Despite predictions of a bleak future for Maryland's harness ++ industry, the Maryland Racing Commission voted unanimously yesterday to allow Cloverleaf Enterprises Inc. to operate the financially troubled Rosecroft Raceway.
The commission voted to issue Cloverleaf a license, but ordered its leaders to submit quarterly financial reports beginning April 15. Cloverleaf's financial prospects are less than golden, its own leaders acknowledged. But those leaders and members of the commission agreed that they're brighter since last week's deal with Bally's Maryland Inc., a subsidiary of the casino and hotel giant.
"That makes it a lot easier for them to operate," said E. William Furey, chairman of the commission. "It's a step in the right direction."
But financial stability is more than a few steps away. Maryland's standardbred industry has struggled for years. And this year, competing harness tracks in Delaware, bolstered by soaring profits from slot machines, lured horses and gamblers from Maryland tracks, prompting them to cut back race days and brace for bankruptcy.
"The standardbred industry in the state of Maryland is in desperate condition," said Cloverleaf executive Charles Lockhart. "We all know the impact Delaware is having on our business."
In Delaware, owners and trainers of harness racers compete for $100,000 in daily purses, compared to $37,000 at Rosecroft. A top-class race in Delaware offers a purse of $20,000, compared to $8,400 at Rosecroft.
Cloverleaf, a subsidiary of the standardbred horsemen's association, owns Rosecroft, situated near Washington in Prince George's County, as well as Ocean Downs, Maryland's other harness track near Ocean City. Cloverleaf bought the tracks a year and a half ago with loans of $10.6 million from Bally's.
In return, Bally's assumed management of the tracks and an option to buy 50 percent of them if additional gaming, such as slot machines, was approved in Maryland.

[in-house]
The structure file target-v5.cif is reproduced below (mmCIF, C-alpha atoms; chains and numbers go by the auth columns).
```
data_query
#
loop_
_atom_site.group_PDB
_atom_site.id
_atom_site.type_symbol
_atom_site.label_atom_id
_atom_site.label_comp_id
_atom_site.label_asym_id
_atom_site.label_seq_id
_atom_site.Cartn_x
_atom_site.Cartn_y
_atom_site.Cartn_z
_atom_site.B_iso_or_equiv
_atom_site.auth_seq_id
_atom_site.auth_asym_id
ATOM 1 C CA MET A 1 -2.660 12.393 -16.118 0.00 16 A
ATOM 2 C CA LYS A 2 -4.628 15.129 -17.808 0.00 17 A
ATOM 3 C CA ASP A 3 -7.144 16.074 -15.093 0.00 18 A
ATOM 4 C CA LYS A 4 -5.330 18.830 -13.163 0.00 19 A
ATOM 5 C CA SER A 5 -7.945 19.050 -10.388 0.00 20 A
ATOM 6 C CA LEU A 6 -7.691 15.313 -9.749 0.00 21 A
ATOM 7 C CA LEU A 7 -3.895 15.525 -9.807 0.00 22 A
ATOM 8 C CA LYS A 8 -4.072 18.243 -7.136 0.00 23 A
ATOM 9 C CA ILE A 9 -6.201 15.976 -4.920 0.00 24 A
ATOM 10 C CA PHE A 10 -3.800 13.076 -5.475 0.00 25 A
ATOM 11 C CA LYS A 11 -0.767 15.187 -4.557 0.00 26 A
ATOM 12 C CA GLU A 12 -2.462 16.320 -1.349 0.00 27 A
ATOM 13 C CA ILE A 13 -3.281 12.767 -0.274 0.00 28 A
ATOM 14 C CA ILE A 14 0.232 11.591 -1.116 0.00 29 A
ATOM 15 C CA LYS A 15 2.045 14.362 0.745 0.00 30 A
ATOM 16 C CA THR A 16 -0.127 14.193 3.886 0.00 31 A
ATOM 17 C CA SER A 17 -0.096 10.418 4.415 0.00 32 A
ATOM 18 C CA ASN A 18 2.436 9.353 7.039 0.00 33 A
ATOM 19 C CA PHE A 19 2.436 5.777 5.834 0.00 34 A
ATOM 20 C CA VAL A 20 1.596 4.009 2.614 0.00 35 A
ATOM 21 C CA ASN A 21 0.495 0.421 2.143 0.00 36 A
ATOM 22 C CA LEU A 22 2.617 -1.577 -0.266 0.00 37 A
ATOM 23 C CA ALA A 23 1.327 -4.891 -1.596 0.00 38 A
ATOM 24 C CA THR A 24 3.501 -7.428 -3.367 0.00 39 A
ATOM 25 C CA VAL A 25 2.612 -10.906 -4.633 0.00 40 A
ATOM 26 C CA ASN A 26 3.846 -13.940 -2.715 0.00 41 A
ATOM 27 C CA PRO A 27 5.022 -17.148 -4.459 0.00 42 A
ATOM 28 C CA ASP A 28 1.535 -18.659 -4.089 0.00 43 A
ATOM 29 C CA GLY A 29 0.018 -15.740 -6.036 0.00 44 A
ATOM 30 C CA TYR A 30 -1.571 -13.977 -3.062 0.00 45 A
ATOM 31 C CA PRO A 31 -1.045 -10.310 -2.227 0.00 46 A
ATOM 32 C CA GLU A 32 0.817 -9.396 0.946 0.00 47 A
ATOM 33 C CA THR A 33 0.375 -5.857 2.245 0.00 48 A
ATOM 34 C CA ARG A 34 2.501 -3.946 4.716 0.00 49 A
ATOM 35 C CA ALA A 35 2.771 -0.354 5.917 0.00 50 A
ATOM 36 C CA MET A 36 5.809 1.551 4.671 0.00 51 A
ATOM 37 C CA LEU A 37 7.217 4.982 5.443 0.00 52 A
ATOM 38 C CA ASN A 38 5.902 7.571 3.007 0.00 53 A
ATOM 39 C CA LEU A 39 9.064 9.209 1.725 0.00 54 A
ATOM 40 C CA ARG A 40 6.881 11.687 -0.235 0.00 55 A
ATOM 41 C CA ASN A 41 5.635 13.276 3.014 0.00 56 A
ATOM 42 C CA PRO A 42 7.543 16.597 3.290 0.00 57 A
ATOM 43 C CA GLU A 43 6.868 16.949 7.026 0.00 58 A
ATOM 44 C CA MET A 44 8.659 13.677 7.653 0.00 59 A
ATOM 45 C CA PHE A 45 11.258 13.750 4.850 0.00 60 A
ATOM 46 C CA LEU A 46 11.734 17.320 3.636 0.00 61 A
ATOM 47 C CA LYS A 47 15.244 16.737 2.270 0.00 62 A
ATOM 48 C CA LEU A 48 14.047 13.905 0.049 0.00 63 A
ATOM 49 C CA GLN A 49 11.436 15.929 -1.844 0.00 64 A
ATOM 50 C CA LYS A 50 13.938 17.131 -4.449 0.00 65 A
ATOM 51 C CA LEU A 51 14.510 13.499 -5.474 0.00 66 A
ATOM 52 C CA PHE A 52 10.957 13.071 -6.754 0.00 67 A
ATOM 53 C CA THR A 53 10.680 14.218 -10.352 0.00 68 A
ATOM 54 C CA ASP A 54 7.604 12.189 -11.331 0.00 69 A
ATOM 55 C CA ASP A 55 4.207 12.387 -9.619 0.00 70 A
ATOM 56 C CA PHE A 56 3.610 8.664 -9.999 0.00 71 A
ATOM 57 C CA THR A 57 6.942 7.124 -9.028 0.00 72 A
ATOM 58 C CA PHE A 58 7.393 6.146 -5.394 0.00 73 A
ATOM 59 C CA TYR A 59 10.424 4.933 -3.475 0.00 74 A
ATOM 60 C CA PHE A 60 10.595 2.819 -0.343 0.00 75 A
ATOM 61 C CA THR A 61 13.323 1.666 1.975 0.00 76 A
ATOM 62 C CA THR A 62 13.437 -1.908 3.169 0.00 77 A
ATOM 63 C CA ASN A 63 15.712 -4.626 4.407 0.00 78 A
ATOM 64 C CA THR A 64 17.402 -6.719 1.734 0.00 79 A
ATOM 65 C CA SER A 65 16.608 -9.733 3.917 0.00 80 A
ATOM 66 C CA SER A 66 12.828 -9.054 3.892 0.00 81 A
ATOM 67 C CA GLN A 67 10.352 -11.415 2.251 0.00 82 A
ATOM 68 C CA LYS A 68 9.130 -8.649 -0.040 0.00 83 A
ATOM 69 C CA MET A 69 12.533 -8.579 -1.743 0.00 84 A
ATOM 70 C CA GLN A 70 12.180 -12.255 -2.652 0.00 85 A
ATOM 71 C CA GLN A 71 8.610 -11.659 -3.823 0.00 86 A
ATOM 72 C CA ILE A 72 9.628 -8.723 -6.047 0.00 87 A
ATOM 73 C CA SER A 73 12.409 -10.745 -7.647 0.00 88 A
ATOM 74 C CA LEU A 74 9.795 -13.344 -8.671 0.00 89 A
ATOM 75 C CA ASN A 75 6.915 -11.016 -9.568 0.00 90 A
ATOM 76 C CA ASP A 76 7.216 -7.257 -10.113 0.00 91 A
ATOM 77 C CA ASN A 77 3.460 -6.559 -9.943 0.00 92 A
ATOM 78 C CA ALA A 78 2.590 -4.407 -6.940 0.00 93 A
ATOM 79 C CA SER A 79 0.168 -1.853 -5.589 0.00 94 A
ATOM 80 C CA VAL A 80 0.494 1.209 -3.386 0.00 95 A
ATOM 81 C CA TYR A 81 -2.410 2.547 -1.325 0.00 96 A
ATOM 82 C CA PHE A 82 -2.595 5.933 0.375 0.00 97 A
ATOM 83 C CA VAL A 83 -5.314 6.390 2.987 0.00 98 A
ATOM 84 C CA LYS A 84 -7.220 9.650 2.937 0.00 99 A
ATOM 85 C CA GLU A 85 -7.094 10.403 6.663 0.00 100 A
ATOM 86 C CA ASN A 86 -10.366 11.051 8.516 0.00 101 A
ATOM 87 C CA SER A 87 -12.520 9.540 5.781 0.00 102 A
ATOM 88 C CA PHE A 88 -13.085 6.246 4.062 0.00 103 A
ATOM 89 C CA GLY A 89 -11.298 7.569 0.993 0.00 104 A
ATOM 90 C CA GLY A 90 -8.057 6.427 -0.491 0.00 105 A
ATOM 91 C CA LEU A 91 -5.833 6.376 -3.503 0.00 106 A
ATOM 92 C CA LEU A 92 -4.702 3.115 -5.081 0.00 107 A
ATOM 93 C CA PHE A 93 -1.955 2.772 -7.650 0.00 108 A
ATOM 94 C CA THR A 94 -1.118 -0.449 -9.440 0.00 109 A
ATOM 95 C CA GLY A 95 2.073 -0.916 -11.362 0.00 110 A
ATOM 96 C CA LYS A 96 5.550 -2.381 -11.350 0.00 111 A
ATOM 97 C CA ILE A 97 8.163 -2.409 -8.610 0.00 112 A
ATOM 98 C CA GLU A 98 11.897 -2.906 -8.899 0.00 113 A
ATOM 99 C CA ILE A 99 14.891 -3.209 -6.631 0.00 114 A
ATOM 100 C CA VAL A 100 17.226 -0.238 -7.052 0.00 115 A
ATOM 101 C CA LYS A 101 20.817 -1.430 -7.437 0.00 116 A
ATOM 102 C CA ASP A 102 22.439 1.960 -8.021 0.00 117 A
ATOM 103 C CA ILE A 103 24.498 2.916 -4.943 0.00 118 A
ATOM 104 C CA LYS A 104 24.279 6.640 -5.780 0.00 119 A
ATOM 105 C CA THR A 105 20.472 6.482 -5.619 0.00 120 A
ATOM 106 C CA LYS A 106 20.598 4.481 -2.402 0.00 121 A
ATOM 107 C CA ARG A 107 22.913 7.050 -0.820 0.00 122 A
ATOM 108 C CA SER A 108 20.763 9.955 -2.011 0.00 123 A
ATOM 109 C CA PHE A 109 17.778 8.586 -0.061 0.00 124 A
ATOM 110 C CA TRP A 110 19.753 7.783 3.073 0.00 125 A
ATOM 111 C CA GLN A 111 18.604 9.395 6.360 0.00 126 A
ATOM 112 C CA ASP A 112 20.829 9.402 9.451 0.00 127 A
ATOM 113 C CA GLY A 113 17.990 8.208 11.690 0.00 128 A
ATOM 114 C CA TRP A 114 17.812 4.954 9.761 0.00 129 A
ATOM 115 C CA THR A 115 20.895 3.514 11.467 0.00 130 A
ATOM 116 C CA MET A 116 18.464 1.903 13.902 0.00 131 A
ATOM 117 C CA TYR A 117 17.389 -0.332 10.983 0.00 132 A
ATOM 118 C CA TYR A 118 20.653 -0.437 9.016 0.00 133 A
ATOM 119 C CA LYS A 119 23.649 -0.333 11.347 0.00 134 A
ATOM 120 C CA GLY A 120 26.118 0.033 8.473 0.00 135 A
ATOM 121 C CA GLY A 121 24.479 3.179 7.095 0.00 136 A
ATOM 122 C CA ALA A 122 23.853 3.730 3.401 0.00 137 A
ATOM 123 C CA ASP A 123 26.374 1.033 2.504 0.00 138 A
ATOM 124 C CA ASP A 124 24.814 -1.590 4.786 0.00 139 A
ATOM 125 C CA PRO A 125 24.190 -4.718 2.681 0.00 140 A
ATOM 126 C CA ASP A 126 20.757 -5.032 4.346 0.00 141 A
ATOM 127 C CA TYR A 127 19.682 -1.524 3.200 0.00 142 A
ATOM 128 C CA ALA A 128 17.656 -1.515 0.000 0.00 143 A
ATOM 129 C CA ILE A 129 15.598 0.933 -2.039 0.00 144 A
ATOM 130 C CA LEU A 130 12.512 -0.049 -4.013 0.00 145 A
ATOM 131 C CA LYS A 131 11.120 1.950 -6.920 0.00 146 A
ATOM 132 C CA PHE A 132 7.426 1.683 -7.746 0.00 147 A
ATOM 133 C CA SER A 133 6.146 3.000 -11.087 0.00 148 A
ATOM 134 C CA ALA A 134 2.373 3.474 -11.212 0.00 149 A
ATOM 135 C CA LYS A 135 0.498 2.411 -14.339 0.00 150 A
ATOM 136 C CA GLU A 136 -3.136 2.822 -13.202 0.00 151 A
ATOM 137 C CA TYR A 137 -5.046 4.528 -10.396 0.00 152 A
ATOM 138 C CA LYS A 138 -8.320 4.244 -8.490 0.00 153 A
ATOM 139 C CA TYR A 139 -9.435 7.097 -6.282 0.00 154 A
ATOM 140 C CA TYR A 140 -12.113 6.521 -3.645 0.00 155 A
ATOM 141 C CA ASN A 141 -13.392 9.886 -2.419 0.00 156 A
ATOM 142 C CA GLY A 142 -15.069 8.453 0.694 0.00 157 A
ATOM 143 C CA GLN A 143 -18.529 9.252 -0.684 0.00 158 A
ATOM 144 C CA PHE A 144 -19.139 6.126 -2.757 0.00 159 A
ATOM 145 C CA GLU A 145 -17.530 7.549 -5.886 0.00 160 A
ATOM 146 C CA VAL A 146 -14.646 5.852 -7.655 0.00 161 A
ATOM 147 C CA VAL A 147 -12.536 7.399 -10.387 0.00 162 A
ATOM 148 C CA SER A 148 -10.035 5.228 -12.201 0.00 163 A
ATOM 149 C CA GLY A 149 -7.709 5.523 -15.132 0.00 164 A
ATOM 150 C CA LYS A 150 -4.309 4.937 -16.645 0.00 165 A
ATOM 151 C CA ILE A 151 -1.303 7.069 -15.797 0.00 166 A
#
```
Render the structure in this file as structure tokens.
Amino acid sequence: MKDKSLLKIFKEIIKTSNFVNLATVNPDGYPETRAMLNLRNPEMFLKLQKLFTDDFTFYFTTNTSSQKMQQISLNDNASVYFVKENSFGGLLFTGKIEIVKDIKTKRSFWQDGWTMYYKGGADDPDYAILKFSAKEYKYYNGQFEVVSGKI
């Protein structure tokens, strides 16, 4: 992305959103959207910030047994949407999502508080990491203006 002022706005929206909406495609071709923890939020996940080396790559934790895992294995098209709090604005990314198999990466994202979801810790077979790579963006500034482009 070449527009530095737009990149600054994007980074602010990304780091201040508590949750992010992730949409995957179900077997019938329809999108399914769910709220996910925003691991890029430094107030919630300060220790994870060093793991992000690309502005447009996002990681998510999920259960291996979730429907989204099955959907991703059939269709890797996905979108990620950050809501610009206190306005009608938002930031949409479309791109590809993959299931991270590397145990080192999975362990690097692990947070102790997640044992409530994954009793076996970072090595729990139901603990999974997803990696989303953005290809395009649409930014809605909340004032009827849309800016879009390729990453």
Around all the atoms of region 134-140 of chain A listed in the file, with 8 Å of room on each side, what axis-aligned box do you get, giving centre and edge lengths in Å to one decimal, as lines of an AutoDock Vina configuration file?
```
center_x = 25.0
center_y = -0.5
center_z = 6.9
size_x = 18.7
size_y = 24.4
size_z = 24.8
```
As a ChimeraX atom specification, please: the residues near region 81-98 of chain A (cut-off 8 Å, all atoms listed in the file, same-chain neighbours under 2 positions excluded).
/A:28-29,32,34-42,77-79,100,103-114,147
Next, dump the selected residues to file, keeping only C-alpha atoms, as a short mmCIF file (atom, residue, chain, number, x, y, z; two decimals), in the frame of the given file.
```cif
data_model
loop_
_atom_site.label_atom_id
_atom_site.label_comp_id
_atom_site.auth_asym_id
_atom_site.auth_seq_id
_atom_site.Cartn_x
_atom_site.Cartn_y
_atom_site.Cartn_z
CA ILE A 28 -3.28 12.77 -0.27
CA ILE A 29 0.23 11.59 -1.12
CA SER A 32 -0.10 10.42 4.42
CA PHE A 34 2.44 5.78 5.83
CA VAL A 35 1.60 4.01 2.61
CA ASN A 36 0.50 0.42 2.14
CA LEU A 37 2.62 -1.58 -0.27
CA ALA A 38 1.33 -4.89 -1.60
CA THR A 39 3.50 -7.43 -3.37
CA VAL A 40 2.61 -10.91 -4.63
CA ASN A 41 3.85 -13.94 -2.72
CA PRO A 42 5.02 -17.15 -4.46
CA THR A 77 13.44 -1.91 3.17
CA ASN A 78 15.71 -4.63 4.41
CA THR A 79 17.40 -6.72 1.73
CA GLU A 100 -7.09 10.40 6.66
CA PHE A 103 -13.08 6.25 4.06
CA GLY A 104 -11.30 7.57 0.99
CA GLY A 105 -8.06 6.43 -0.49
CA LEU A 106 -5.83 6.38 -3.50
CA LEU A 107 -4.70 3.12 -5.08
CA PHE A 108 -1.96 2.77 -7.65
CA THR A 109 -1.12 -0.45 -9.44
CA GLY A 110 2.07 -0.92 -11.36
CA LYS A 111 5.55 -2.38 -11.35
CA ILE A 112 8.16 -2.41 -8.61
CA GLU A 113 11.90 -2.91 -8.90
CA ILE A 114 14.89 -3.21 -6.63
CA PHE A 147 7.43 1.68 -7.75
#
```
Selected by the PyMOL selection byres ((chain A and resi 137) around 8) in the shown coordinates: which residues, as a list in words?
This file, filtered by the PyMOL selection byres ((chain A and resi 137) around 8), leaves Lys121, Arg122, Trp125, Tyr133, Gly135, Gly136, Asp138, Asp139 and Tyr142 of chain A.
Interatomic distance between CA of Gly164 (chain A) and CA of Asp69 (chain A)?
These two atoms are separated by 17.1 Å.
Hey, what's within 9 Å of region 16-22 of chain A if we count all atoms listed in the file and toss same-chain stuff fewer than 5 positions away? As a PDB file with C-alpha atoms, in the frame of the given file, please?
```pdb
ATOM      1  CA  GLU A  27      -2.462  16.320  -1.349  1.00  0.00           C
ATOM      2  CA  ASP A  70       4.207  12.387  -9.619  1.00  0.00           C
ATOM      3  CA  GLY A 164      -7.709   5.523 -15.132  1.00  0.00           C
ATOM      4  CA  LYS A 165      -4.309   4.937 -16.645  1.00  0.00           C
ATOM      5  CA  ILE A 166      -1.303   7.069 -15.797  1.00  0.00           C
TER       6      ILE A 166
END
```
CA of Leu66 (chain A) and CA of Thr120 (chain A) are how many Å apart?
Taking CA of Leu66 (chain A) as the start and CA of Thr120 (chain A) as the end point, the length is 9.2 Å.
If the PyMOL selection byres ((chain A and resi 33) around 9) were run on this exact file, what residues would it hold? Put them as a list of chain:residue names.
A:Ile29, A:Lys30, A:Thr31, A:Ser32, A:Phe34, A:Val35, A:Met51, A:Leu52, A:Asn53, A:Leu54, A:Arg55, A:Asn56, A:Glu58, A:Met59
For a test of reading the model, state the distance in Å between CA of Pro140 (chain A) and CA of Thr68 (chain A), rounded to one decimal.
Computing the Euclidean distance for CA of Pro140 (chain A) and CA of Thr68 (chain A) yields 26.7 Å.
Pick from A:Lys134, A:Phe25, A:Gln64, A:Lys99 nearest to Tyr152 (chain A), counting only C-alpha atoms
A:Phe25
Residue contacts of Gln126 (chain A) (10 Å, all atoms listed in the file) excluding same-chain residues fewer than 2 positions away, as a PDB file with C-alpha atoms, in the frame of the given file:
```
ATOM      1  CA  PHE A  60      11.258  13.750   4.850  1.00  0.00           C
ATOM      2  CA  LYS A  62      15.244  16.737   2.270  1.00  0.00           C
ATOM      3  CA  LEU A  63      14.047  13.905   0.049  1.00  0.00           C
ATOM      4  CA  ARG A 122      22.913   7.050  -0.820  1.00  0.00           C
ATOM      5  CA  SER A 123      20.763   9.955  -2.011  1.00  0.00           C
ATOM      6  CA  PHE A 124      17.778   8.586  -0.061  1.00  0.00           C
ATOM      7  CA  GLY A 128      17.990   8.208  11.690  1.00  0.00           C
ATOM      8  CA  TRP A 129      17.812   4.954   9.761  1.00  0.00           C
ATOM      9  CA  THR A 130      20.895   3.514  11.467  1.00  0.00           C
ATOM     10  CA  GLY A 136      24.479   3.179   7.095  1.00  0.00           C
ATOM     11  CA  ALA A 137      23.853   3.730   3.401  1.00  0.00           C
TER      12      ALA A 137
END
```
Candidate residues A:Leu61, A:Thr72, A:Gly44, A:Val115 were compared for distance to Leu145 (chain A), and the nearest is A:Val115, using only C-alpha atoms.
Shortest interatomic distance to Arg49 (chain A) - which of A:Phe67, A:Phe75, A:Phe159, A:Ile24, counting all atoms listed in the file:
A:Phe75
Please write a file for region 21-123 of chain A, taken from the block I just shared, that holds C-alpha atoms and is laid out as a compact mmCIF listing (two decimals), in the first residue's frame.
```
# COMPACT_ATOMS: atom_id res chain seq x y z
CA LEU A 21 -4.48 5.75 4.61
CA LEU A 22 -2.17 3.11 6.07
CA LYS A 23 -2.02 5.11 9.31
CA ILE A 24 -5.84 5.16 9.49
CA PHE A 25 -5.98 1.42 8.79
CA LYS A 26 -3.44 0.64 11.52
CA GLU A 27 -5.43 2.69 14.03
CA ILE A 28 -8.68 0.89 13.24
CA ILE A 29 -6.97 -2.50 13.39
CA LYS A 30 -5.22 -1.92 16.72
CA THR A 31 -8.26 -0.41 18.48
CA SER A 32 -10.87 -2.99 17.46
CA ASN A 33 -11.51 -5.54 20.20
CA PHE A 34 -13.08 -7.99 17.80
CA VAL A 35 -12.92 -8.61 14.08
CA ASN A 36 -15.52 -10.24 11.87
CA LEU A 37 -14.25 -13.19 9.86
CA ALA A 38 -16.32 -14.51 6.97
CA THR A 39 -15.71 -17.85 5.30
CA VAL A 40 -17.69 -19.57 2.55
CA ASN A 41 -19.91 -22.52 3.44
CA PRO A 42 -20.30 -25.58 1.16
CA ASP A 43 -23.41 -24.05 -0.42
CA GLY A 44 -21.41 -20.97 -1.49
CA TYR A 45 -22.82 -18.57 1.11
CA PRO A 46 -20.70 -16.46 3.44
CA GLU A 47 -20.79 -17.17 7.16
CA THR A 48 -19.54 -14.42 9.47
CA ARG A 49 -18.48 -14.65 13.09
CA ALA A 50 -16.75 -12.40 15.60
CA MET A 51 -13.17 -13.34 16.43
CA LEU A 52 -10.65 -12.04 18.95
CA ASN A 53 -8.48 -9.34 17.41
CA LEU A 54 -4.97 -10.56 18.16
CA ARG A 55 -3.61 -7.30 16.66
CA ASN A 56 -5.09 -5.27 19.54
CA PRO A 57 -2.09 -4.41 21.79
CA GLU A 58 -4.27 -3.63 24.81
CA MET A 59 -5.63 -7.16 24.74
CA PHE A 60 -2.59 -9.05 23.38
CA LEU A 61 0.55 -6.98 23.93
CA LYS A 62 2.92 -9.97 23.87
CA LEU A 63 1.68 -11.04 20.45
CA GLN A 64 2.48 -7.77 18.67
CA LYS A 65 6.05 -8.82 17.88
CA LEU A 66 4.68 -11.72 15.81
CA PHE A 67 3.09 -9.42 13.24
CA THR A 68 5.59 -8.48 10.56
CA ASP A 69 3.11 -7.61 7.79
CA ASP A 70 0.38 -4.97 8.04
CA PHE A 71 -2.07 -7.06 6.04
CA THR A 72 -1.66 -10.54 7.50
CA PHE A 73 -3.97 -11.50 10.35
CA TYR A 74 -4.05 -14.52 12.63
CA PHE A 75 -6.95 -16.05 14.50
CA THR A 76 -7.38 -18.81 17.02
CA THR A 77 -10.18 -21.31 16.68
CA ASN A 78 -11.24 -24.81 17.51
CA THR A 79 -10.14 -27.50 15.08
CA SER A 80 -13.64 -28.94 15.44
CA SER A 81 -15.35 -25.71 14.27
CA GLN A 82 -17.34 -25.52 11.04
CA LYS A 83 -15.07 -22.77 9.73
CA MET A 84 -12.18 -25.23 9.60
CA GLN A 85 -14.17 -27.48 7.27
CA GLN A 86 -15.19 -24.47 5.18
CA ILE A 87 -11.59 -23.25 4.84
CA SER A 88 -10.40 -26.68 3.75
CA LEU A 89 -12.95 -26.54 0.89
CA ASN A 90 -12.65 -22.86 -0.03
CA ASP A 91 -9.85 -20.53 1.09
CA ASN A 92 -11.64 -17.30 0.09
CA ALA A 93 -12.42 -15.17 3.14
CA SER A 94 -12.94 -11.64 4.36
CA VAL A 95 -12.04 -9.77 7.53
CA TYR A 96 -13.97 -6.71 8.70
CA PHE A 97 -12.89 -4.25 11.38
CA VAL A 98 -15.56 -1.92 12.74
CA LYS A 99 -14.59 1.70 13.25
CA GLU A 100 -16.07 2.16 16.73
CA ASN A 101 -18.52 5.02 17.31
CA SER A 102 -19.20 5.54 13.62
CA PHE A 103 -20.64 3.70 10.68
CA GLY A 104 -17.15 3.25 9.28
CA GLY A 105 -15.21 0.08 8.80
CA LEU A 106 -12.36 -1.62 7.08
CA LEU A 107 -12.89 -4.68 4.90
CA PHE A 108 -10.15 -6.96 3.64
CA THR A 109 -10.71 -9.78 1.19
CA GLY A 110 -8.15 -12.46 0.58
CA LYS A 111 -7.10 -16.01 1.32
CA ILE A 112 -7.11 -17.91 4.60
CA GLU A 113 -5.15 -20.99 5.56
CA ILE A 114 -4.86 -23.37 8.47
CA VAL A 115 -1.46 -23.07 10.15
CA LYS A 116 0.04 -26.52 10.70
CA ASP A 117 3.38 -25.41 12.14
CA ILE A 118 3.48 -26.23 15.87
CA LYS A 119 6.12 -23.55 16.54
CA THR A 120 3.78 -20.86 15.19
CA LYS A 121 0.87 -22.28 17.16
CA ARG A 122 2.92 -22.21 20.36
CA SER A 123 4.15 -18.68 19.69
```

But last week Cloverleaf, on the verge of bankruptcy, hammered out a new agreement with Bally's. Cloverleaf agreed to sell Ocean Downs, which lost $800,000 last year, to Bally's for $2 million: $1 million in debt reduction and $1 million in working capital.
Also, Bally's agreed to waive $1.4 million in interest payments in exchange for the option of buying an additional 15 percent (for a total of 65 percent) of Rosecroft if additional gaming is approved. Finally, Bally's agreed to withdraw its management team and allow Cloverleaf to take over.
Gerald Brittingham, president of both Cloverleaf Enterprises and the Cloverleaf Standardbred Owners Association, is leader of the new management team. He told commissioners the deal with Bally's is "a reasonable solution to allow us to guarantee harness racing in the state."
But in a letter to Furey, Brittingham wrote: "Attempting to own and operate a track during a time when handle is continuing to decline is very difficult. It is even more difficult when neighboring states are permitting slot machine revenue to double and quadruple purses, weakening our industry and threatening to eliminate thousands of jobs."
He and Lockhart stressed that long-term financial security cannot be achieved unless the state legislature and Gov. Parris N. Glendening grant some form of relief.
Although Brittingham has described slot machines as "the golden egg," he and Lockhart were reluctant to mention "slots," which Glendening has pledged to veto as long as he's in office. But they did mention the possibility of the state exempting harness tracks from paying the 0.5-percent state tax on money bet, allowing Ocean Downs to run fewer than the required 65 days annually and providing financial assistance through a lottery game.
Pub Date: 12/20/96